Nashville’s proposal for a new bus rapid transit system, known as the Amp, was assailed Wednesday by a wealthy car dealer, along with the son of a former mayor. The two argue the bus project – which requires a dedicated lane from East Nashville to West End – would be a mistake.
Richard Fulton Jr. says he and his father have made a point not to criticize or fight a subsequent mayor’s agenda – until now. He argues the complex case for the bus system, based on projected growth and ever-longer commute times, is simply wrong.
Fulton spoke alongside Lee Beaman, whose car dealership the bus line would run right past. Beaman says he wants mass transit to improve, but the current proposal could give such efforts a black eye.
“I really feel like implementing the Amp – which I’m convinced will be disastrous, and we will rip it out within ten years – if that happens that will set transportation in Nashville back much more.”
Beaman called for a debate on the bus proposal, singling out by name the head of the Amp Coalition, St. Thomas Hospital CEO Mike Schatzlein (pronounced ‘shots-line’). Beaman offered to square off early next month.
Schatzlein says he welcomes the chance to discuss the Amp, but prefers “a dialogue rather than a ‘debate,’ to address these very important issues in a civil way.”
You can read Schatzlein’s full statement here:
The Amp is an incredibly important project for the future of our city. Our experience is that the majority of Nashvillians support it as the first step in a long-term transit strategy for our community.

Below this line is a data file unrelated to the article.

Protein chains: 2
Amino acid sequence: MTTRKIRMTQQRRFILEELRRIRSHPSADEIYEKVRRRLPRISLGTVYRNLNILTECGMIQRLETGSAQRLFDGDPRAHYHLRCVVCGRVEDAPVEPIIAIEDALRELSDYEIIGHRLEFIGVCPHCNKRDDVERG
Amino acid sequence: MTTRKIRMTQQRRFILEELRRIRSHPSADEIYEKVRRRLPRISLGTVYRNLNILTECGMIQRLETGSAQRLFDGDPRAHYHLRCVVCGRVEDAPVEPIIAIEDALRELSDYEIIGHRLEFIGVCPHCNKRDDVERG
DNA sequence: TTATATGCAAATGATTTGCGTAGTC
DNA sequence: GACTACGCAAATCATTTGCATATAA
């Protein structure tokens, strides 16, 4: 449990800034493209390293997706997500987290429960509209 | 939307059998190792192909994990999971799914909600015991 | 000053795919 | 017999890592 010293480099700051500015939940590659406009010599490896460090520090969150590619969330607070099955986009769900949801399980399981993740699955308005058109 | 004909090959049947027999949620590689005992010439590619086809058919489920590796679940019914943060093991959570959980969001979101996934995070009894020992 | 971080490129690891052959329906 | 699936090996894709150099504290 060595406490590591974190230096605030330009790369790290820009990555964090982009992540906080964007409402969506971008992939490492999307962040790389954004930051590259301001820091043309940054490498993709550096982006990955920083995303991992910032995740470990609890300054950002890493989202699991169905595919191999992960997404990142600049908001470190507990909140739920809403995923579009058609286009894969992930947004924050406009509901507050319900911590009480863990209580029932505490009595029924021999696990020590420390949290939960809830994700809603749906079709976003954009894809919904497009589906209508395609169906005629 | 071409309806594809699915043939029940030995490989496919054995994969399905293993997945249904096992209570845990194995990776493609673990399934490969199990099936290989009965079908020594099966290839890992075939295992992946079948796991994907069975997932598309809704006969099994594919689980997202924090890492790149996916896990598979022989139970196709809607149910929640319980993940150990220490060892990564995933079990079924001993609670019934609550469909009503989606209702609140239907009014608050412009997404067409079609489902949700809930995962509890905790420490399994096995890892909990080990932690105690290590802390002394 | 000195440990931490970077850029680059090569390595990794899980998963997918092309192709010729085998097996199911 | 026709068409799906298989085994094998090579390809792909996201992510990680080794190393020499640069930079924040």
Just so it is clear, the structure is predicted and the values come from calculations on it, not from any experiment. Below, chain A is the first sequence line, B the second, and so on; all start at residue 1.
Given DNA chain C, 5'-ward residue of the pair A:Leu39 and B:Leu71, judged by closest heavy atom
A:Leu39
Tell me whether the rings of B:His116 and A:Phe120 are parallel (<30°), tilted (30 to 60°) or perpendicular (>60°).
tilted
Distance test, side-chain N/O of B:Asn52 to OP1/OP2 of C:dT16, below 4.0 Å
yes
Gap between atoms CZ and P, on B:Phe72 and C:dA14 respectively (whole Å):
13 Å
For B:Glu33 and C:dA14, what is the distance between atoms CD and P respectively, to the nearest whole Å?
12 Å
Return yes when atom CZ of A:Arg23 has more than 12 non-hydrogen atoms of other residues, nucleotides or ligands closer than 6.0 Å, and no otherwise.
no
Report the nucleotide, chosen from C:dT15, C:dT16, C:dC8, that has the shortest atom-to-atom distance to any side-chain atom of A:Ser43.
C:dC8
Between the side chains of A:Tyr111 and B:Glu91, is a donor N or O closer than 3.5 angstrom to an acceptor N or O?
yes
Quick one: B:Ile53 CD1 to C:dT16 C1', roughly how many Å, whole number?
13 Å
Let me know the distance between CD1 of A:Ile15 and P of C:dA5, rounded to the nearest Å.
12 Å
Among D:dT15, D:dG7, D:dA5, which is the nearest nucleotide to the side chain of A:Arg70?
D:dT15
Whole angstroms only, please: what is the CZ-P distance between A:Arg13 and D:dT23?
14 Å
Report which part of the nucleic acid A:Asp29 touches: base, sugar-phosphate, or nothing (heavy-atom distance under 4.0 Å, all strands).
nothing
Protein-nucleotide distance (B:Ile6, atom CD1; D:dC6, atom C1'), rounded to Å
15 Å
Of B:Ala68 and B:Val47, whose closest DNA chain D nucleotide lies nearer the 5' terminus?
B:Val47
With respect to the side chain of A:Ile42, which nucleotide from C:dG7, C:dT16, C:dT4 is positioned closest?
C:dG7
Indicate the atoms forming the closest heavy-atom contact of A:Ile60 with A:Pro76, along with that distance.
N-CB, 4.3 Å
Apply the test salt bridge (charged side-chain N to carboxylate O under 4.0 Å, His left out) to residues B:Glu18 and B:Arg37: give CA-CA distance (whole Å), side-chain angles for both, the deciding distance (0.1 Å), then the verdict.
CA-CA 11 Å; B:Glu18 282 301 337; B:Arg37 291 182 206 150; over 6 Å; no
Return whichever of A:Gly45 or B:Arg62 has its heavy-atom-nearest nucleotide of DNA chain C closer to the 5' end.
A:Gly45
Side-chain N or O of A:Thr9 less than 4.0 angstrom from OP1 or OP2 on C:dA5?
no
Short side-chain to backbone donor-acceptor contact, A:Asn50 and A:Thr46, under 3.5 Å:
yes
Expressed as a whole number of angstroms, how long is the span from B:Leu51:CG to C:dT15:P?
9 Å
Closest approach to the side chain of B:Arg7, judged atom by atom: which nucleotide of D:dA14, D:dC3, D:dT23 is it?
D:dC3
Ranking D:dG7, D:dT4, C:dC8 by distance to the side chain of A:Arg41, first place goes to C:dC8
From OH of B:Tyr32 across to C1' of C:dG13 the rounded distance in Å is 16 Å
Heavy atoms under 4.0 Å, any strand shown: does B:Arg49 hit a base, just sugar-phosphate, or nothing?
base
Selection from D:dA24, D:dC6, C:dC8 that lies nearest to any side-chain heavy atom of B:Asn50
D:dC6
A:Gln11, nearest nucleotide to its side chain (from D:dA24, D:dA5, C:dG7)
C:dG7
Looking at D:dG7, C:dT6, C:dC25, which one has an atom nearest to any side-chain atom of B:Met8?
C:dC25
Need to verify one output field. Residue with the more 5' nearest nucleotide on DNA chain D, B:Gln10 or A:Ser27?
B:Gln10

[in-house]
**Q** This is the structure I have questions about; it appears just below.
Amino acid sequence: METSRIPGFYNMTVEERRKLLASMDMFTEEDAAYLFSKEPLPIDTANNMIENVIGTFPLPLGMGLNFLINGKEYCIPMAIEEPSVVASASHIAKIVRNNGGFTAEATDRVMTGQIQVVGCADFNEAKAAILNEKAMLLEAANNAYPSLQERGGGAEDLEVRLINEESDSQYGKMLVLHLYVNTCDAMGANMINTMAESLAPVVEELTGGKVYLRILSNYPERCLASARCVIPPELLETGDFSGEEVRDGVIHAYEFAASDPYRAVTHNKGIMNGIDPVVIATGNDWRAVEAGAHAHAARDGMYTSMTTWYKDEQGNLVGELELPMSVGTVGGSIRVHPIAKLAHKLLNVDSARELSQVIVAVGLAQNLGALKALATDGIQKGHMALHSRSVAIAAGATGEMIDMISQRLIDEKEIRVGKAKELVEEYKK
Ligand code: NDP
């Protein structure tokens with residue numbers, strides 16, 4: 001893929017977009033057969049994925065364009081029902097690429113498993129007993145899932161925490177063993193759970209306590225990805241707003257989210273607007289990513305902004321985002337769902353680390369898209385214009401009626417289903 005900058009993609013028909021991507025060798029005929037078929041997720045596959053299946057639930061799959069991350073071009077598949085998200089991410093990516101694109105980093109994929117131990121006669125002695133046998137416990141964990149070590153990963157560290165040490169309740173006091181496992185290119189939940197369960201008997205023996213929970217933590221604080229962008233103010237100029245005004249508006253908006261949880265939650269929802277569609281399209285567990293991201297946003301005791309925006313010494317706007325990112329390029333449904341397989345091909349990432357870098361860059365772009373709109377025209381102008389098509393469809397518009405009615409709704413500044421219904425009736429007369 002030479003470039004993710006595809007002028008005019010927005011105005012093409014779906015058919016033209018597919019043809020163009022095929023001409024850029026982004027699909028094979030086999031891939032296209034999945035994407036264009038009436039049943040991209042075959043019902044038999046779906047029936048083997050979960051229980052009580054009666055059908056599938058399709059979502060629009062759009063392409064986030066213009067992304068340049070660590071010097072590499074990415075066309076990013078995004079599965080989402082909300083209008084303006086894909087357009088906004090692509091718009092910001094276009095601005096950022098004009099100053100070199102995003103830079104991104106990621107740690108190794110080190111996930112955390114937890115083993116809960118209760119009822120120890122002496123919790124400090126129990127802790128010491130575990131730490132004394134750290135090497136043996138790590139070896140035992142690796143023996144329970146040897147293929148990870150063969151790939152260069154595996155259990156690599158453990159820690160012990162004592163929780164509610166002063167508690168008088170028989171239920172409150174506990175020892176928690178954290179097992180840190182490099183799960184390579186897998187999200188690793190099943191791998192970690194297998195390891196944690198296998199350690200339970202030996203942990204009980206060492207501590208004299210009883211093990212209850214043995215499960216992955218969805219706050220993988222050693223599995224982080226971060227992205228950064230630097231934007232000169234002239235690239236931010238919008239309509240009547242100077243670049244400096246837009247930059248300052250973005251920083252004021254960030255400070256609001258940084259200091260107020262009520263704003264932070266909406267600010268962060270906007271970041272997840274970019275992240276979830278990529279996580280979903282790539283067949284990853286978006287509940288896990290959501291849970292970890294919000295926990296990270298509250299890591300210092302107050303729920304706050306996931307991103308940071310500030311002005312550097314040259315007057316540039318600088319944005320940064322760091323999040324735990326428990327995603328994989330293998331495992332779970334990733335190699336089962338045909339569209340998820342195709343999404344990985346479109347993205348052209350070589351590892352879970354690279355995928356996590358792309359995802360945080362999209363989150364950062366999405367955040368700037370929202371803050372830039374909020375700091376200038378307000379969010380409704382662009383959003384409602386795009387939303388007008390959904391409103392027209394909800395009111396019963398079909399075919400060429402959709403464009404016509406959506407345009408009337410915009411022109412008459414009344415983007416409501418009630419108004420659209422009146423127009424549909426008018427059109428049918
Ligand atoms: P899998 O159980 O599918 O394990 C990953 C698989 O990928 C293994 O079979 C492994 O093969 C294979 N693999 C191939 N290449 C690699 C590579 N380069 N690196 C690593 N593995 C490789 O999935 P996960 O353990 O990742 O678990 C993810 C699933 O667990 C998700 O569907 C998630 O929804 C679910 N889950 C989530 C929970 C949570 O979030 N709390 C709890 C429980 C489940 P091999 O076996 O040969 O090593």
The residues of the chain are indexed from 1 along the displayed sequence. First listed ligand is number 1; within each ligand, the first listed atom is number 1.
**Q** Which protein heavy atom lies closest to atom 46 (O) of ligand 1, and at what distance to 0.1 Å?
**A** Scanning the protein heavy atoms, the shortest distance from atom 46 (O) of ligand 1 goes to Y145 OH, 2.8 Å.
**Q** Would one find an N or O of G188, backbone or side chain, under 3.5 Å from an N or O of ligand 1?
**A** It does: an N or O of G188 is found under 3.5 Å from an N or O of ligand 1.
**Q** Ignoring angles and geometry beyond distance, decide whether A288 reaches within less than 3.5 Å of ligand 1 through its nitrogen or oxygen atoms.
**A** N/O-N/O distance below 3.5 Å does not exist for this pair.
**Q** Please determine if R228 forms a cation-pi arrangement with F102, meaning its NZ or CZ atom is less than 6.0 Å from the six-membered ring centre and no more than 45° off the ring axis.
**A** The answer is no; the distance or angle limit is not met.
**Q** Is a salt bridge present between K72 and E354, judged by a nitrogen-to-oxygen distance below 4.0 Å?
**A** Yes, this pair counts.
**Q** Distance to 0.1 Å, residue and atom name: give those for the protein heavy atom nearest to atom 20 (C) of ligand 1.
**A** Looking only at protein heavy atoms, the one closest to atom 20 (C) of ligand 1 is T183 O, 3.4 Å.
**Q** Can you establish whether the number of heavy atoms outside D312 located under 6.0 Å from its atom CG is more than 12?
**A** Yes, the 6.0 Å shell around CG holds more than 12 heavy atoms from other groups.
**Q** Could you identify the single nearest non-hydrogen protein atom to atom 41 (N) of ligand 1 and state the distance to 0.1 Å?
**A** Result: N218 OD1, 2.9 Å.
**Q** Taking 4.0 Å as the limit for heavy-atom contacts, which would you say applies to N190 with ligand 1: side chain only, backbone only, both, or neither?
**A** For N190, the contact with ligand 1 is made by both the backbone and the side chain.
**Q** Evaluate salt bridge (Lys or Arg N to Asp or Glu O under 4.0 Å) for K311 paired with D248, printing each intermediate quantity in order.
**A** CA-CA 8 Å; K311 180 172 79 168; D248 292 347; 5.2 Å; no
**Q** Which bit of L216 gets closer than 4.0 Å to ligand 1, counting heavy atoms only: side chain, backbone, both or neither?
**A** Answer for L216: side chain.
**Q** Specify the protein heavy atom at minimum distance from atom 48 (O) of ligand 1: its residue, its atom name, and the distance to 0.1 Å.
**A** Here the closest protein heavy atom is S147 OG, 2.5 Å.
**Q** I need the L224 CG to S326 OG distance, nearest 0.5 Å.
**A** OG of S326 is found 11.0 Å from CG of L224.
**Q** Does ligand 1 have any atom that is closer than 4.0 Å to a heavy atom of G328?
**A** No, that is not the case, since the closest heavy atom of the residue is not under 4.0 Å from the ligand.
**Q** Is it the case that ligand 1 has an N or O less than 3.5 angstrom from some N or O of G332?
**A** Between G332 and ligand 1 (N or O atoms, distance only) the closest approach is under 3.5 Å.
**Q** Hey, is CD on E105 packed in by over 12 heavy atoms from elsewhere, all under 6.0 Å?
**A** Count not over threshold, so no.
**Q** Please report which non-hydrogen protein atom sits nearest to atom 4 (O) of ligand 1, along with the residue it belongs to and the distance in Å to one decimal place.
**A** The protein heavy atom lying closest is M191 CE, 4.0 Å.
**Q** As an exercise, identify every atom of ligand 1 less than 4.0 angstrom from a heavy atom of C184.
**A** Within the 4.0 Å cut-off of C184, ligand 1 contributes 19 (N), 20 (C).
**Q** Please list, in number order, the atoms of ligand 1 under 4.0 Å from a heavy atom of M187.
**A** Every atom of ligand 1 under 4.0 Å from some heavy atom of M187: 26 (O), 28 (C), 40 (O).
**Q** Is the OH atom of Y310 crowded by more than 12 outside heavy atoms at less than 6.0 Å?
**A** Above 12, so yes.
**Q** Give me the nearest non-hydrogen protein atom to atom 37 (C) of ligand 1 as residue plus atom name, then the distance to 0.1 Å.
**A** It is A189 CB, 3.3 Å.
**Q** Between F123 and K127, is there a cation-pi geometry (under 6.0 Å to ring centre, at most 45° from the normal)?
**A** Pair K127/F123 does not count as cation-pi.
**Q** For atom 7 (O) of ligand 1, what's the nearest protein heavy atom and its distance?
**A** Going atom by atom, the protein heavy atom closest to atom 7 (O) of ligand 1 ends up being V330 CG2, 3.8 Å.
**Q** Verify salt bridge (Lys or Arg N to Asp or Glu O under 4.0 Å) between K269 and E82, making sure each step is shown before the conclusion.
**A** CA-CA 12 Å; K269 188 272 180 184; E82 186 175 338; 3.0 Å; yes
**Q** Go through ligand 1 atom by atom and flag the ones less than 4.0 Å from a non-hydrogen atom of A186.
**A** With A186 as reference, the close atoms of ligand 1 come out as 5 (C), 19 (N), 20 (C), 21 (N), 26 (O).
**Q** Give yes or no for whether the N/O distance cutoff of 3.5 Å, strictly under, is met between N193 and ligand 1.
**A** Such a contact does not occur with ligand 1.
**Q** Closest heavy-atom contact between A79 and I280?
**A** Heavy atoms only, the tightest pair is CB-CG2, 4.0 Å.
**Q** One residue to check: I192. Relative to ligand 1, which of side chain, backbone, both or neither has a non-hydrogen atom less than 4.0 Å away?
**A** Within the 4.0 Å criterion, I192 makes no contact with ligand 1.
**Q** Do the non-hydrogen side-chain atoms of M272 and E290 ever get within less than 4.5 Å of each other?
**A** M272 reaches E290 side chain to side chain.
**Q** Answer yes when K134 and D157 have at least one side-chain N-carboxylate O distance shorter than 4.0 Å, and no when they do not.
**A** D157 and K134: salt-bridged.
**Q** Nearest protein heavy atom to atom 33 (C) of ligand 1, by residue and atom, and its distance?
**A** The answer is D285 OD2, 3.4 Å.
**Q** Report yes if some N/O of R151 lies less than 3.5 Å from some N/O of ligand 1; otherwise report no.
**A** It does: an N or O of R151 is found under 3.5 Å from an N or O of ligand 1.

We encourage all Middle Tennesseans to learn more about the Amp, ask questions and express their opinions. Since our Coalition formed seven weeks ago, we have participated in 17 community meetings, with more to come. We will continue to share information about the Amp through presentations, social media, public forums and other outreach efforts. We encourage people with questions about the Amp to learn more about the project by visiting the MTA website, www.nashvillemta-amp.org.
We welcome the opportunity to talk with anyone about the Amp, but prefer a dialogue rather than a “debate,” to address these very important issues in a civil way.
The roughly $175 million bus project is still waiting to hear back on a request for federal money to cover more than 40 percent of the cost. Officials are also hoping to get tens of millions from the state, where top officials are voicing misgivings of their own.